This is typically seen during childhood although very rarely can affect the adults too. Severe recurrent episodes of abdominal pain with or without vomiting are the usual presentation. Of course the abdominal investigations like ultrasound, CT/MRI, endoscopy etc should come normal, means there should not be another identified cause for patient’s belly symptoms.

Probable migraine:

This term is used when patient’s symptoms are suggestive but not confirmatory for a migraine episode.

Hemiplegic migraine:

In this type, patients during their headache experience foal neurological deficits in the form of paralysis of limbs (hemiplegia) on one side of the body. If there is a family history it is called as familial hemiplegic migraine, if no family history then sporadic hemiplegic migraine.

Migraine equivalents:

This term is used when a patient experiences a symptom or group of symptoms that are typical for migraine, however without a prominent headache.

They occur episodically and symptoms like visual auras, sensory/motor complaints, confusion, dizziness or vertigo etc are usually the experienced by the patient.


The diagnosis of migraine headache is essentially a clinical one. Some times investigations like a CT or MRI of brain, certain blood tests, CSF (cerebrospinal fluid) analysis, angiogram etc may be ordered if the clinical picture is not typical. In migraine these investigations are expected to come normal unless patient has more than one health condition.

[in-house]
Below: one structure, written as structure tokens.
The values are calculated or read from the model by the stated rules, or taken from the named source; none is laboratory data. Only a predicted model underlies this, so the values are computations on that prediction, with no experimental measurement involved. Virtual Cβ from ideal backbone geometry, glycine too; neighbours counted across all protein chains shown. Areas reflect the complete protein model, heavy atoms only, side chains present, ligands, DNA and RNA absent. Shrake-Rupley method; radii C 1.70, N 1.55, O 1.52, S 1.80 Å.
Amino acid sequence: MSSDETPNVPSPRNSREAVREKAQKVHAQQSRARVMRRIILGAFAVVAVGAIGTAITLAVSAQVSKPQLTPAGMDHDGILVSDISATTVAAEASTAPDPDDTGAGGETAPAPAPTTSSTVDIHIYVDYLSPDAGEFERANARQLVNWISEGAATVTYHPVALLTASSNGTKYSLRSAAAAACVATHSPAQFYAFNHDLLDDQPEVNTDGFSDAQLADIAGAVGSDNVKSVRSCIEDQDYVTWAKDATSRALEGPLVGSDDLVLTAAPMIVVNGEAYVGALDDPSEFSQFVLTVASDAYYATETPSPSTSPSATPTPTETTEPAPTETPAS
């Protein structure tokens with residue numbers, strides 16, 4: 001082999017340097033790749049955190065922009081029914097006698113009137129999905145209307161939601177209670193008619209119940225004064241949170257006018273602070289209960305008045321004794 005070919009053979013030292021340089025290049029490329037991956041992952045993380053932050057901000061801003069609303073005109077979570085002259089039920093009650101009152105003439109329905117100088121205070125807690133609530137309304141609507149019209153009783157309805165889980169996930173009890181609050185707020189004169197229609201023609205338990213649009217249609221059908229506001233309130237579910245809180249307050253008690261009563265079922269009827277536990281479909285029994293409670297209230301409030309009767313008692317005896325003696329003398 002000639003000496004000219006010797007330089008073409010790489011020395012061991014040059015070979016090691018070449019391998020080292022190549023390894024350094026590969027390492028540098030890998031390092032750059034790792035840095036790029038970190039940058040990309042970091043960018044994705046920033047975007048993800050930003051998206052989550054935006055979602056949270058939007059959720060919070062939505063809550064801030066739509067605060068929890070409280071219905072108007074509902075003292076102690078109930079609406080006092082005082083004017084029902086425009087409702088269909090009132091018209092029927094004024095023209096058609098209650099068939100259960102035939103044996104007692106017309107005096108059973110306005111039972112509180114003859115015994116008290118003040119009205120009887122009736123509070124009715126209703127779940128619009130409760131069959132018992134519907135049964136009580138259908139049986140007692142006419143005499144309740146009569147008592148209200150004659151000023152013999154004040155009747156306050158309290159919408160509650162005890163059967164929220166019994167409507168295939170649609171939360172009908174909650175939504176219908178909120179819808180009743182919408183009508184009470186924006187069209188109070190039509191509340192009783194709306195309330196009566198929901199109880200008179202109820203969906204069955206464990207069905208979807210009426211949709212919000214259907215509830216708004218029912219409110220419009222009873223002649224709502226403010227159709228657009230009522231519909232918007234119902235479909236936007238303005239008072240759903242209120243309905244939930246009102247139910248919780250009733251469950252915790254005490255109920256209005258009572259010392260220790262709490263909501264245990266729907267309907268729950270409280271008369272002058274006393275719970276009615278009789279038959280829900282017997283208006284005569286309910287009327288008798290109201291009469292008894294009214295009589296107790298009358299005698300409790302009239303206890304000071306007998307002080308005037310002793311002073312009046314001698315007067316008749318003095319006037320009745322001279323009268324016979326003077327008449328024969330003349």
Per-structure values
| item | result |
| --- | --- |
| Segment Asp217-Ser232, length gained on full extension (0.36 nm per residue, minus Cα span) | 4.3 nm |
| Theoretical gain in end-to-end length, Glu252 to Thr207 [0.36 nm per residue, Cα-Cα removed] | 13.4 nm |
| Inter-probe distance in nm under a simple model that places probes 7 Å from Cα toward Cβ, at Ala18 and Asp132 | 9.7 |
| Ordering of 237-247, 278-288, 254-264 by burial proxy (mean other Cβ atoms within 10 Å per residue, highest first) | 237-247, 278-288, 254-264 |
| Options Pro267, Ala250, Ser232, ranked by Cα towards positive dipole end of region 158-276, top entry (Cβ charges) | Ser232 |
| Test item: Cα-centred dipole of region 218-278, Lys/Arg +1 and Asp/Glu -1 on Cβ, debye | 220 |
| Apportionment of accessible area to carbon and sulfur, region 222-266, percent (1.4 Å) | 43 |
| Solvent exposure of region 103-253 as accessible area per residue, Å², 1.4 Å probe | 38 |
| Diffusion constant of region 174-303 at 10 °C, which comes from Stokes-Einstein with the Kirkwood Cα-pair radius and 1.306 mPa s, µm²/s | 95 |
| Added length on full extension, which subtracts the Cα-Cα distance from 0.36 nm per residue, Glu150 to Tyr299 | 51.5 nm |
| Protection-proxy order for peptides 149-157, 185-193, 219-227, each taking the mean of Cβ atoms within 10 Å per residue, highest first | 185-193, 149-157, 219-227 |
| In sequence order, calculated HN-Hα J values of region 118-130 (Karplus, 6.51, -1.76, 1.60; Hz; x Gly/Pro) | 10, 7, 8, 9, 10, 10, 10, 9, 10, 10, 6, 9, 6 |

The treatment is done usually at these four levels;

• Migraine trigger factors
• Acute migraine
• Status migranosus
• Chronic migraine (preventive)

If patient can identify any migraine precipitating factors like stress, sleep or food deprivation, certain food item like cheese, chocolate etc then they are to be avoided as much as possible.

For the acute severe migraine attack the following medications may be tried;

• Triptan group of drugs like sumatriptan
• Ergot group of drugs like ergotamine
• NSAIDs like naproxen

They are generally available as oral preparations and some of them as nasal sprays, injections, suppositories etc. Patients who have nausea and/or vomiting are treated with medications like promethazine, procholorperazine etc.

Some patients have responded to haloperidol slow intravenous infusion when other agents didn’t help much.

Status migranosus are severe recurrent or almost non stopping migraine-episodes that do not respond much to the usual agents like triptan, ergots etc.

These patients are usually treated with a course of steroids (e.g. prednisolone). Intravenous ergotamine is some time tried in a hospital setting, and these patients require medications to prevent vomiting as it is a frequent side effect of intravenous ergotamine.

If the patient is experiencing frequent episodes the preventive treatments may be required.

The following agents are usually tried;

• Beta blockers like prpranolol
• Anti convulsants like sodium valpoate, topiramate
• Calcium channel blockers like verapamil etc

A Neurologist is frequently involved in the care of these patients.

Migraine Headache to Neurology Articles